The amount of liquified natural gas (LNG) being accepted at terminals in Milford Haven, Wales, has been slashed over fears that storage is reaching capacity. This could be bad news for the UK, which is dealing with a crippling energy crisis as costs continue to skyrocket. But it could also deliver a hammer blow to the EU, which is desperate to scupper energy links with Vladimir Putin.
Countries in northwest Europe, like Germany, were set to receive LNG from alternative suppliers that had arrived first in England for a process called regasification.
But the LNG supposed to arrive in the UK to replace Russian gas in Europe looks set to keep getting turned away.
At an auction last Wednesday, the amount of capacity offered at the port in June was significantly cut.
Now, energy companies are furious at the National Grid’s import limits as energy prices continue to soar as bills go up for millions of Britons.
They have warned the restrictions will make this worse.
ExxonMobil policy adviser Chris Wright said: “There is a risk that the reduction in supply to the market could result in upward pressure on [British] wholesale prices which could ultimately feed through to end consumers.
“The very fact that this change proposal has been raised risks significantly undermining efforts to deliver LNG to the UK market, and for onward transmission to wider European markets, at this time when LNG has never been in greater demand.”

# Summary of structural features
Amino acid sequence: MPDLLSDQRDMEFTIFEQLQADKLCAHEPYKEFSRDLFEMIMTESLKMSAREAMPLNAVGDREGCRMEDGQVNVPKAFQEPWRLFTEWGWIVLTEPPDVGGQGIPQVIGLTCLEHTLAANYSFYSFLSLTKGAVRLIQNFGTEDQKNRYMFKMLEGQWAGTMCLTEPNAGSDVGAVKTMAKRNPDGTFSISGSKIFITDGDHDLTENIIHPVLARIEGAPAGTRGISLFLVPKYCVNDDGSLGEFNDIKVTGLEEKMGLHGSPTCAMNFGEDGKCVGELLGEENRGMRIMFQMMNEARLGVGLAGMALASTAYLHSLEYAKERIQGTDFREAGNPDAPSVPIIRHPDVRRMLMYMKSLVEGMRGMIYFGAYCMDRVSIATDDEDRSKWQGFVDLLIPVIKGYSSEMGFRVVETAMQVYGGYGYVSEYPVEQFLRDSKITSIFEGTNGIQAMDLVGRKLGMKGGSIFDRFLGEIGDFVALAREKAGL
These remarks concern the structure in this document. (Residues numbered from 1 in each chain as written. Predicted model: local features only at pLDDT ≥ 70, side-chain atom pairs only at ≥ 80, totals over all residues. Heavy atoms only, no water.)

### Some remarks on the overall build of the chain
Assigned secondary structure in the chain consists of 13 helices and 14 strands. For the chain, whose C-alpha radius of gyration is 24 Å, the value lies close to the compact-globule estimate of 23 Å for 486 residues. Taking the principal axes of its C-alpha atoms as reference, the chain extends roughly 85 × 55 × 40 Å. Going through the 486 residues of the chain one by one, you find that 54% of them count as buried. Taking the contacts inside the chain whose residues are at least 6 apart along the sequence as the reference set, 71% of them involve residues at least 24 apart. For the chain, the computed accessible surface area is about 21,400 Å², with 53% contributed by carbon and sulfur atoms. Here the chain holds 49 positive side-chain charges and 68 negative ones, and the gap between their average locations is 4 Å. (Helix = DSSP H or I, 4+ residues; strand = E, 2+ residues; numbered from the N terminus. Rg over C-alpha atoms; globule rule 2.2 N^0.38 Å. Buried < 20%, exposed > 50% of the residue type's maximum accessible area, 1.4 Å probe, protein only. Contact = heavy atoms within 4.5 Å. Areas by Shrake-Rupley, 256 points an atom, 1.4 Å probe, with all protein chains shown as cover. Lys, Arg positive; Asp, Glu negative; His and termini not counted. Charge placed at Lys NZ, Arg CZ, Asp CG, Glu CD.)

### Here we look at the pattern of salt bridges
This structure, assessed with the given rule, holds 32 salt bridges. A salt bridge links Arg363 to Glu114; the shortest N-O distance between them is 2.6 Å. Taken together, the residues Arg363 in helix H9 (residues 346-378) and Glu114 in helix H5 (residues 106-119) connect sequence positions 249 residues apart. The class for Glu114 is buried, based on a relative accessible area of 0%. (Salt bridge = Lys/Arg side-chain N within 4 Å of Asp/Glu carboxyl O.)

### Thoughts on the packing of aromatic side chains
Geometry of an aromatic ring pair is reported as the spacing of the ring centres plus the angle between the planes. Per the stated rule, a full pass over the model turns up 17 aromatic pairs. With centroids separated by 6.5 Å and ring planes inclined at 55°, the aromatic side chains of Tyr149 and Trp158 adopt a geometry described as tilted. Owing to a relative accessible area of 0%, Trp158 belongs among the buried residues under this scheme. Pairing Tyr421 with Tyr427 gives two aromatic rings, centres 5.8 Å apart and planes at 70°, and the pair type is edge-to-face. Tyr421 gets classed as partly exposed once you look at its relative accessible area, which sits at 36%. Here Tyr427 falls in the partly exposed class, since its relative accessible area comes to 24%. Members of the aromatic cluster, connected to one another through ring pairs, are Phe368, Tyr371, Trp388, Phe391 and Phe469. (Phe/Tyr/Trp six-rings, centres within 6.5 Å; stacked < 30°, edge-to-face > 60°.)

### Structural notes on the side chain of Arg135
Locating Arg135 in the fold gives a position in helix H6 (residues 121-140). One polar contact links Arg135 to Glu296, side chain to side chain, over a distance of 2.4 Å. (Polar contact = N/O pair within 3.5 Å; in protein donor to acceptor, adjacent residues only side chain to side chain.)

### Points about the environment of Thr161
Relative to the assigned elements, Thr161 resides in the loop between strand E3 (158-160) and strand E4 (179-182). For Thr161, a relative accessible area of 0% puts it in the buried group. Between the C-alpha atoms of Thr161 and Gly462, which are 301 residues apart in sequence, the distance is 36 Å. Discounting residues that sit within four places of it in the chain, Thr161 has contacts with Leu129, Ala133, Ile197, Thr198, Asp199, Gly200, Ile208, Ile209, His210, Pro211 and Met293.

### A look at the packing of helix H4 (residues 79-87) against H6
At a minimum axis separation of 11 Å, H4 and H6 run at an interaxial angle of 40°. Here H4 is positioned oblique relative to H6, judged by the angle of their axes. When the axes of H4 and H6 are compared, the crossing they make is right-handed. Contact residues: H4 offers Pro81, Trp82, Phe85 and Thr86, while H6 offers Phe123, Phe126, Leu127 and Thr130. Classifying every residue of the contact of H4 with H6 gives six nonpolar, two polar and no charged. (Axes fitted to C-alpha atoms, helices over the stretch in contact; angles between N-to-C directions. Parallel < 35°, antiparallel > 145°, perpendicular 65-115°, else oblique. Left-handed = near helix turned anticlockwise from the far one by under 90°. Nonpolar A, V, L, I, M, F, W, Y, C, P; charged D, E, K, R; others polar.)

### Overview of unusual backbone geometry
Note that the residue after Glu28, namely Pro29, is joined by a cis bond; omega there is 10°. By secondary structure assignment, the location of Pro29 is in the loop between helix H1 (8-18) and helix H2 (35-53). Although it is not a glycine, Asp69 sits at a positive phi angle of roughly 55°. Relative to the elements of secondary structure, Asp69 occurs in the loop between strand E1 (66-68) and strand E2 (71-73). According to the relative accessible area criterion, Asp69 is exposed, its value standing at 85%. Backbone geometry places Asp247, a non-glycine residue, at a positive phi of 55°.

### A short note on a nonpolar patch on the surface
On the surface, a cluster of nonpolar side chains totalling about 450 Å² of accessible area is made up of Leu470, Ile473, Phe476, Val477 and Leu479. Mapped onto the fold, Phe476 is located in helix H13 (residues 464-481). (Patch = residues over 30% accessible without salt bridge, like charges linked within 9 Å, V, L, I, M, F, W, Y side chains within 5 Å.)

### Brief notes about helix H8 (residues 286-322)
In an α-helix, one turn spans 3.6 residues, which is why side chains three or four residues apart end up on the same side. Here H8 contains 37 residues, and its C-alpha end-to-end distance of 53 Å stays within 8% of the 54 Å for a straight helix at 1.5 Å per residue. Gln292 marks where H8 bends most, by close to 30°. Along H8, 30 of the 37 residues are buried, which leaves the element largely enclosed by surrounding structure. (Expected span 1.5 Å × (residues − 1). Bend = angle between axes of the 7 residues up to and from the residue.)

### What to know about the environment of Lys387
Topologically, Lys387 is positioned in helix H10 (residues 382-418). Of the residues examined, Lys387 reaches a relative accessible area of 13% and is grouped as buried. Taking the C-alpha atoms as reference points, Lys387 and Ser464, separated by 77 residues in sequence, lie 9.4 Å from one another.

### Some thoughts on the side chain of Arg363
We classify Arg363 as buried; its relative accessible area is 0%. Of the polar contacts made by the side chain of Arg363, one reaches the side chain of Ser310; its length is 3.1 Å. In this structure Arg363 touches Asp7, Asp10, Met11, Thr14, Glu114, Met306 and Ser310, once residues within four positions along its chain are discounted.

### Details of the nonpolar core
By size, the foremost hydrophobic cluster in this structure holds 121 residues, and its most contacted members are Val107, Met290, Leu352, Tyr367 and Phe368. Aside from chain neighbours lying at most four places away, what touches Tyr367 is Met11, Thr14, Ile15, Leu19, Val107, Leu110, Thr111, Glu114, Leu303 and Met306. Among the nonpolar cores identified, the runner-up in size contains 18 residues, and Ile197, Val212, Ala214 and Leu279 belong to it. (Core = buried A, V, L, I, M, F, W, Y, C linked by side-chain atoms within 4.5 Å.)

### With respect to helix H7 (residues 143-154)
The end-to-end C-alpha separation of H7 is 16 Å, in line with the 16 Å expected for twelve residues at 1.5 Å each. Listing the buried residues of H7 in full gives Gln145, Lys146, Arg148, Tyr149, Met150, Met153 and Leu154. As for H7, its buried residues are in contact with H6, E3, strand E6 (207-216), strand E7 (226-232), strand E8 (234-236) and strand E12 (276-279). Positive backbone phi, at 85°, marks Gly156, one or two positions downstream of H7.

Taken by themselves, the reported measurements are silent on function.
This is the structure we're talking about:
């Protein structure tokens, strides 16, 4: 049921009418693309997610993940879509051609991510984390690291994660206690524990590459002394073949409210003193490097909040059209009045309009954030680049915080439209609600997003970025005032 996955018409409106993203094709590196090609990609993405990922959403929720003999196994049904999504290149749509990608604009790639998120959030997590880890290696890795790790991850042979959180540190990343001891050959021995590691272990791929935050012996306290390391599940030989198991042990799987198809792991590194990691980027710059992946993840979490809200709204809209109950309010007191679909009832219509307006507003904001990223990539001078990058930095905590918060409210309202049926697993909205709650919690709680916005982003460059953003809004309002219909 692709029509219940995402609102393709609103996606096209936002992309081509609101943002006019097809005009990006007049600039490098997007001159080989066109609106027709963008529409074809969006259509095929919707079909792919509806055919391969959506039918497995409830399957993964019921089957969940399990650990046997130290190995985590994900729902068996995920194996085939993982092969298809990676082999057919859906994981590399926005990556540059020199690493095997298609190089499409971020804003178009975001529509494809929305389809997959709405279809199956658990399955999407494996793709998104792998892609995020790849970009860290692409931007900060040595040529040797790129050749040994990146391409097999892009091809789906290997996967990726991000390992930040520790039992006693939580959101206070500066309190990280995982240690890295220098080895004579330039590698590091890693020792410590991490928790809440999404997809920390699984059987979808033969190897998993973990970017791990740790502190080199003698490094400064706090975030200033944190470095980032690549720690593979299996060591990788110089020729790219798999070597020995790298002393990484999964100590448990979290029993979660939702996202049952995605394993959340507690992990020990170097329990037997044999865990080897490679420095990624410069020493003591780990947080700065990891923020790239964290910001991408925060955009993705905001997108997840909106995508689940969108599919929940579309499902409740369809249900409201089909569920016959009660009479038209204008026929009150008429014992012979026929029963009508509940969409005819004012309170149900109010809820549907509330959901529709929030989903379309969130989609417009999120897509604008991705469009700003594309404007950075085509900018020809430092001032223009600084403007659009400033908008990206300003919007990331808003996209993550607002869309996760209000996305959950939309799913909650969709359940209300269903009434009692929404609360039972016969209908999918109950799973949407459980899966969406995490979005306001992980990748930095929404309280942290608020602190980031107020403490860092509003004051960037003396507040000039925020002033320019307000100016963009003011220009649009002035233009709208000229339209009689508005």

And further reductions at the country’s three Welsh LNG terminals are expected to follow, despite increased shipments that were planned to come in from international suppliers.
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This could also be detrimental for countries in northwest Europe and may set them back in the attempt to wean themselves off Russian gas.
While Britain only gets five percent of its gas needs from Russia, the EU on the other hand gets a staggering 40 percent.
But part of the strategy to scupper energy links with Russia was to boost imports of LNG which could come from alternative suppliers like Qatar and Iran.
Much of this would have arrived in Britain first as some countries in Europe do not have LNG terminals themselves.
The UK can then send the LNG that has gone through the regasification process to countries like Germany, which cannot is hugely reliant on Russia’s pipeline gas and cannot perform that task itself.
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Britain also sends some of its excess gas to Europe in the summer.
But National Grid has warned the energy network might not be able to handle a high level of deliveries in the coming months, sparking fears that gas prices could rise.
Now, international companies are also furious that National Grid is being too cautious as well.
Lauren Jauss, of German gas company RWE, said: “We believe that these arrangements are unnecessarily conservative, will deter LNG imports and hence increase wholesale prices and may present an increased risk to the security of supply.
“We are surprised that the geopolitical situation in Europe is cited as a reason to reduce baseline capacity.
“In our view, it is a reason to find ways to maximise possible throughput and attract LNG, not to propose arrangements that achieve the opposite.”
But defending the decision, industry regulator Ofgem has argued that the move will actually prevent costs from rising.
Ofgem said: “The issues we are dealing with are urgent and need action now to protect the interests of consumers in the event that sustained higher levels of LNG delivery over a prolonged period are experienced over the summer.
“We believe that approving the temporary changes … will ultimately protect consumers from the avoidable costs that they could otherwise face as a result of the increased likelihood of constraints.”